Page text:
NASA plans to send astronauts to Mars in the coming decade. This presents many challenges, not the least of which is the distance involved and the resulting health risks. To this end, they are investigating and investing in many technologies, ranging from life support and radiation protection to nuclear power and propulsion elements. A particularly promising technology is Nuclear-Thermal Propulsion (NTP), which has the potential to reduce transit times to Mars significantly. Instead of the usual one-way transit period of six to nine months, a working NTP system could reduce the travel time to between 100 and 45 days!
Lockheed Martin announced that NASA has ordered three more Orion spacecraft for future Artemis missions. The new order includes capsules for the Artemis VI, VII and VII missions, which are expected to launch in the late 2020s to early 2030s. The three additional capsules are on order for $1.99 billion.
This will likely come as a surprise to no one who has closely watched the development of NASA’s next giant rocket, the Space Launch System (SLS), but it’s going to be expensive to use. Like, really expensive – to the tune of $4.1 billion per launch, according to the NASA Inspector General. That’s over double the original expected launch cost.
According to the Union of Concerned Scientists (UCS), over 4,000 operational satellites are currently in orbit around Earth. According to some estimates, this number is expected to reach as high as 100,000 by the end of this decade, including telecommunication, internet, research, navigation, and Earth Observation satellites. As part of the “commercialization” of Low Earth Orbit (LEO) anticipated in this century, the presence of so many satellites will create new opportunities (as well as hazards).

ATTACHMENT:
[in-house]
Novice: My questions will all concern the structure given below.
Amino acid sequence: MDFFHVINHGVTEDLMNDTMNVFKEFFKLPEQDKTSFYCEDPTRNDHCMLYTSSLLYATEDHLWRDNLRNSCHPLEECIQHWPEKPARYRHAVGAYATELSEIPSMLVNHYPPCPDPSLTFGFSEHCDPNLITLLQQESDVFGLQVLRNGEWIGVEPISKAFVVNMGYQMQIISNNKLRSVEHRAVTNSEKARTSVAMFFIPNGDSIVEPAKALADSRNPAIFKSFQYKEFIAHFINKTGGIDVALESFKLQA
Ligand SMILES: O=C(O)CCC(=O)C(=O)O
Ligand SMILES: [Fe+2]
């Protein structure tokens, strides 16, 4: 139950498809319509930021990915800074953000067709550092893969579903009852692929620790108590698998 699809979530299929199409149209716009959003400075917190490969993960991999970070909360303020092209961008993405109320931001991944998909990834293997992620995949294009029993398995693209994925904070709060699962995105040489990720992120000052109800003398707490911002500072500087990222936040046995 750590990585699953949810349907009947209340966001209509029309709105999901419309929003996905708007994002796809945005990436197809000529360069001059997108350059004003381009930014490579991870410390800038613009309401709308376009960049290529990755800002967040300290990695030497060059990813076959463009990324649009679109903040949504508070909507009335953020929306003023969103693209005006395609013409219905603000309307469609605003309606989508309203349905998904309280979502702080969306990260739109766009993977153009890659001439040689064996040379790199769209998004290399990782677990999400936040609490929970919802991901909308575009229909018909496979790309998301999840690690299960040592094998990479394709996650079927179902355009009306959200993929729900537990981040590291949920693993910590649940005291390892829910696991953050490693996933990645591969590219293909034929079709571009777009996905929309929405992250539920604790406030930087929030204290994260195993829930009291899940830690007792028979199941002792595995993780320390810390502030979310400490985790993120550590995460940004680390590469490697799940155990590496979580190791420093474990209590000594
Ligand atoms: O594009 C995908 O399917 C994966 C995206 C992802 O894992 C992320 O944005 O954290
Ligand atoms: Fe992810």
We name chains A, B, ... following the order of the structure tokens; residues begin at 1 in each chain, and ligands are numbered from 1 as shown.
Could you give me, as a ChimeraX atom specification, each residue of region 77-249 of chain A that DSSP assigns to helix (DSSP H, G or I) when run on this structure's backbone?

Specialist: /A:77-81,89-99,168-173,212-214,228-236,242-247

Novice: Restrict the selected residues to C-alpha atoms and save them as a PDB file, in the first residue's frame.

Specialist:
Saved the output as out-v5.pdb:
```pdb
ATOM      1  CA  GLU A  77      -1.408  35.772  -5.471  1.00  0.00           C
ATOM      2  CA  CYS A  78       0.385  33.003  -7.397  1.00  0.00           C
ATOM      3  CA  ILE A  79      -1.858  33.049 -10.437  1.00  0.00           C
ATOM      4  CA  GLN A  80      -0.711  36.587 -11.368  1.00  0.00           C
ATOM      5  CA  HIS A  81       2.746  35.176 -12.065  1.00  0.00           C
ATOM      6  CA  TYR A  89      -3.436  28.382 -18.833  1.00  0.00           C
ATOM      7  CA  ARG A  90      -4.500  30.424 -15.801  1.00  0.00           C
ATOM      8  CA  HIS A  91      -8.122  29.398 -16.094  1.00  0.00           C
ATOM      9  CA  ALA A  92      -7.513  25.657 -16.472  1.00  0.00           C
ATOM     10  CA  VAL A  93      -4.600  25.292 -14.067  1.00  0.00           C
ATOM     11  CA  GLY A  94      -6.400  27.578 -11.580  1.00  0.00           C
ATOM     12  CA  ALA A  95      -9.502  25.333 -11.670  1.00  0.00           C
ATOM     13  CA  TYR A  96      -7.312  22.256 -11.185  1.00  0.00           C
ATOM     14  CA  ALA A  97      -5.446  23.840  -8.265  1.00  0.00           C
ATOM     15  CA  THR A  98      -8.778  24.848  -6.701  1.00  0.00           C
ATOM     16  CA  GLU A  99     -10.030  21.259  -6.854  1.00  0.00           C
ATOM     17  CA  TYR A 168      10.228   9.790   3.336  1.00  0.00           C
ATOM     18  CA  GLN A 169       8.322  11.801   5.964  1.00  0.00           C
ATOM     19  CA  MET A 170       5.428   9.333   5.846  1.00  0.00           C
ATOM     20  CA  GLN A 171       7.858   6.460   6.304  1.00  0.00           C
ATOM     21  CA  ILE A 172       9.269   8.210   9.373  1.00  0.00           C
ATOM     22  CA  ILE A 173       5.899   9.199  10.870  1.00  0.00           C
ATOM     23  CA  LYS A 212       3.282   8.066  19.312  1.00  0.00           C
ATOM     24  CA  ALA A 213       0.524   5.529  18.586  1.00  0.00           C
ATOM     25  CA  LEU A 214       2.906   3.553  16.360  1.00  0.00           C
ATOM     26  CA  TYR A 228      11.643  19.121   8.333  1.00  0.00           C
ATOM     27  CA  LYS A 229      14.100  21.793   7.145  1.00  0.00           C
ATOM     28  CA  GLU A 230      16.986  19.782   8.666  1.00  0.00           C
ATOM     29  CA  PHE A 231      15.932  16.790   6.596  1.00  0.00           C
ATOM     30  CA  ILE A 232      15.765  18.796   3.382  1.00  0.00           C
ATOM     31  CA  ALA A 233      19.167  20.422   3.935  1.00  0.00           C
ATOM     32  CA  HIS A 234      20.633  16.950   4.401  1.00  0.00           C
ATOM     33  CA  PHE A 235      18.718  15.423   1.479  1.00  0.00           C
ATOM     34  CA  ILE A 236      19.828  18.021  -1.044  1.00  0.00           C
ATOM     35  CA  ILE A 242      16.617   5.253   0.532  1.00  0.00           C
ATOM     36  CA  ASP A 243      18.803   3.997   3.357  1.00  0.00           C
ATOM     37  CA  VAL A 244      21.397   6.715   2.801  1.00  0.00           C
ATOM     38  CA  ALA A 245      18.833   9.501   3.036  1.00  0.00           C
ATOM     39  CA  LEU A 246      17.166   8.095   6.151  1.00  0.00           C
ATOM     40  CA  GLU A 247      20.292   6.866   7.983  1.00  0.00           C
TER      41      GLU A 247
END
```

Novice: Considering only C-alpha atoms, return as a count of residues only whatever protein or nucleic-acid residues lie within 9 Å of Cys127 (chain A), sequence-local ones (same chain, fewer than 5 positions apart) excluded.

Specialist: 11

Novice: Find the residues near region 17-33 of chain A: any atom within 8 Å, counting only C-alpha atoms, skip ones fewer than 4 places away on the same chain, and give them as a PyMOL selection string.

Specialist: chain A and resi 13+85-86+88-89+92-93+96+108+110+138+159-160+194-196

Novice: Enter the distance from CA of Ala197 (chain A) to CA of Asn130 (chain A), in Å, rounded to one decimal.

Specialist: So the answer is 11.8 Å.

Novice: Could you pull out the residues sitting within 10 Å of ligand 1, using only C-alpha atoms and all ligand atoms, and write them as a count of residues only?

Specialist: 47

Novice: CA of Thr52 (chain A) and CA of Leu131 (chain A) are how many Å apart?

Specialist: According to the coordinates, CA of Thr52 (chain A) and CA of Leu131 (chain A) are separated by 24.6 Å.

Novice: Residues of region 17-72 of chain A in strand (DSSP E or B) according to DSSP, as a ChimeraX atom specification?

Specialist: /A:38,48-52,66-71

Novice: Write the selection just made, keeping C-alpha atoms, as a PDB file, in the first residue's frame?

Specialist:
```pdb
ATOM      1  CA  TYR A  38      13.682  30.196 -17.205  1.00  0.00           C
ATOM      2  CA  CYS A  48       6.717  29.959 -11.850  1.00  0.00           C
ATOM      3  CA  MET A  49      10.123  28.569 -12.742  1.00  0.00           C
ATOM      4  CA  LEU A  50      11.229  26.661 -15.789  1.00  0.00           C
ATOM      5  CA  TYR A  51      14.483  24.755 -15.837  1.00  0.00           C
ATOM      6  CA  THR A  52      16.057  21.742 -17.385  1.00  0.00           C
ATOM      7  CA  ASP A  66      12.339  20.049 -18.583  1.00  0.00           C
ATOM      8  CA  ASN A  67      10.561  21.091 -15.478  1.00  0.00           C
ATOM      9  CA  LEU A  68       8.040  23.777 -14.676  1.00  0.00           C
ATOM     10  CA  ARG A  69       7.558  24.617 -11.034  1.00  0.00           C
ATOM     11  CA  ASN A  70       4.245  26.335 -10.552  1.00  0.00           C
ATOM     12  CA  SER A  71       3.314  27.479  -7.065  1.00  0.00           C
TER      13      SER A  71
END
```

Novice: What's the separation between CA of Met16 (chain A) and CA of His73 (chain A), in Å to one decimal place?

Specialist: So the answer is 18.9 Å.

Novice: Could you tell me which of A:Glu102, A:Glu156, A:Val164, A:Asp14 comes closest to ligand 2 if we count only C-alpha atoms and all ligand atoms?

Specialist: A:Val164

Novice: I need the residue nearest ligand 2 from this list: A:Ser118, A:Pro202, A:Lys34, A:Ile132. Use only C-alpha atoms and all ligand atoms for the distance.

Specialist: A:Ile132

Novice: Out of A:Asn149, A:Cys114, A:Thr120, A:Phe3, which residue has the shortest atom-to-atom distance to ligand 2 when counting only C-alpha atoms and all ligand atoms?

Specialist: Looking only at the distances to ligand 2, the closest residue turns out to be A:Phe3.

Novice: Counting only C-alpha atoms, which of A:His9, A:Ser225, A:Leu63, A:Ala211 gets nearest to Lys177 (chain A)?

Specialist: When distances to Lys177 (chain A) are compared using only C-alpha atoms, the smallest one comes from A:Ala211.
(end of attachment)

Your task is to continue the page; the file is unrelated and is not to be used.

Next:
The presence of these satellites will require a great deal of mitigation (to prevent collisions), servicing, and maintenance. For example, the San Francisco-based startup Orbit Fab is working to create all the necessary technology for orbital refueling services for satellites. To help realize this goal, industry giant Lockheed Martin recently announced that they are investing in Orbit Fab’s “Gas Stations in Space™” refueling technology.
What happens when you cross one of the world’s largest defense contractors with one of the world’s largest automobile manufacturers? Apparently, you get an electrically powered autonomous lunar rover. At least that is the fruit of a new collaboration between Lockheed Martin (LM) and General Motors (GM).
When NASA sends astronauts back to the Moon and to Mars, the Orion Multipurpose Crew Vehicle (MPCV) will be what takes them there. To build these next-generation spacecraft, NASA contracted aerospace manufacturer Lockheed Martin. Combined with the massive Space Launch System (SLS), the Orion spacecraft will allow for long-duration missions beyond Low Earth Orbit (LEO) for the first time in over 50 years.
On Monday, Sept. 23rd, NASA and Lockheed Martin announced that they had finalized a contract for the production and operations of six missions using the Orion spacecraft, with the possibility of up to twelve being manufactured in total. This fulfills the requirements for NASA’s Project Artemis and opens the possibility for further missions to destinations like Mars and other locations in deep-space.
In the coming decades, NASA has ambitious plans to send astronauts back to the Moon and conduct the first crewed mission to Mars. In order to accomplish these lofty goals, the agency is investing in cutting-edge technology and partnering with major aerospace companies to create the necessary spacecraft and mission components.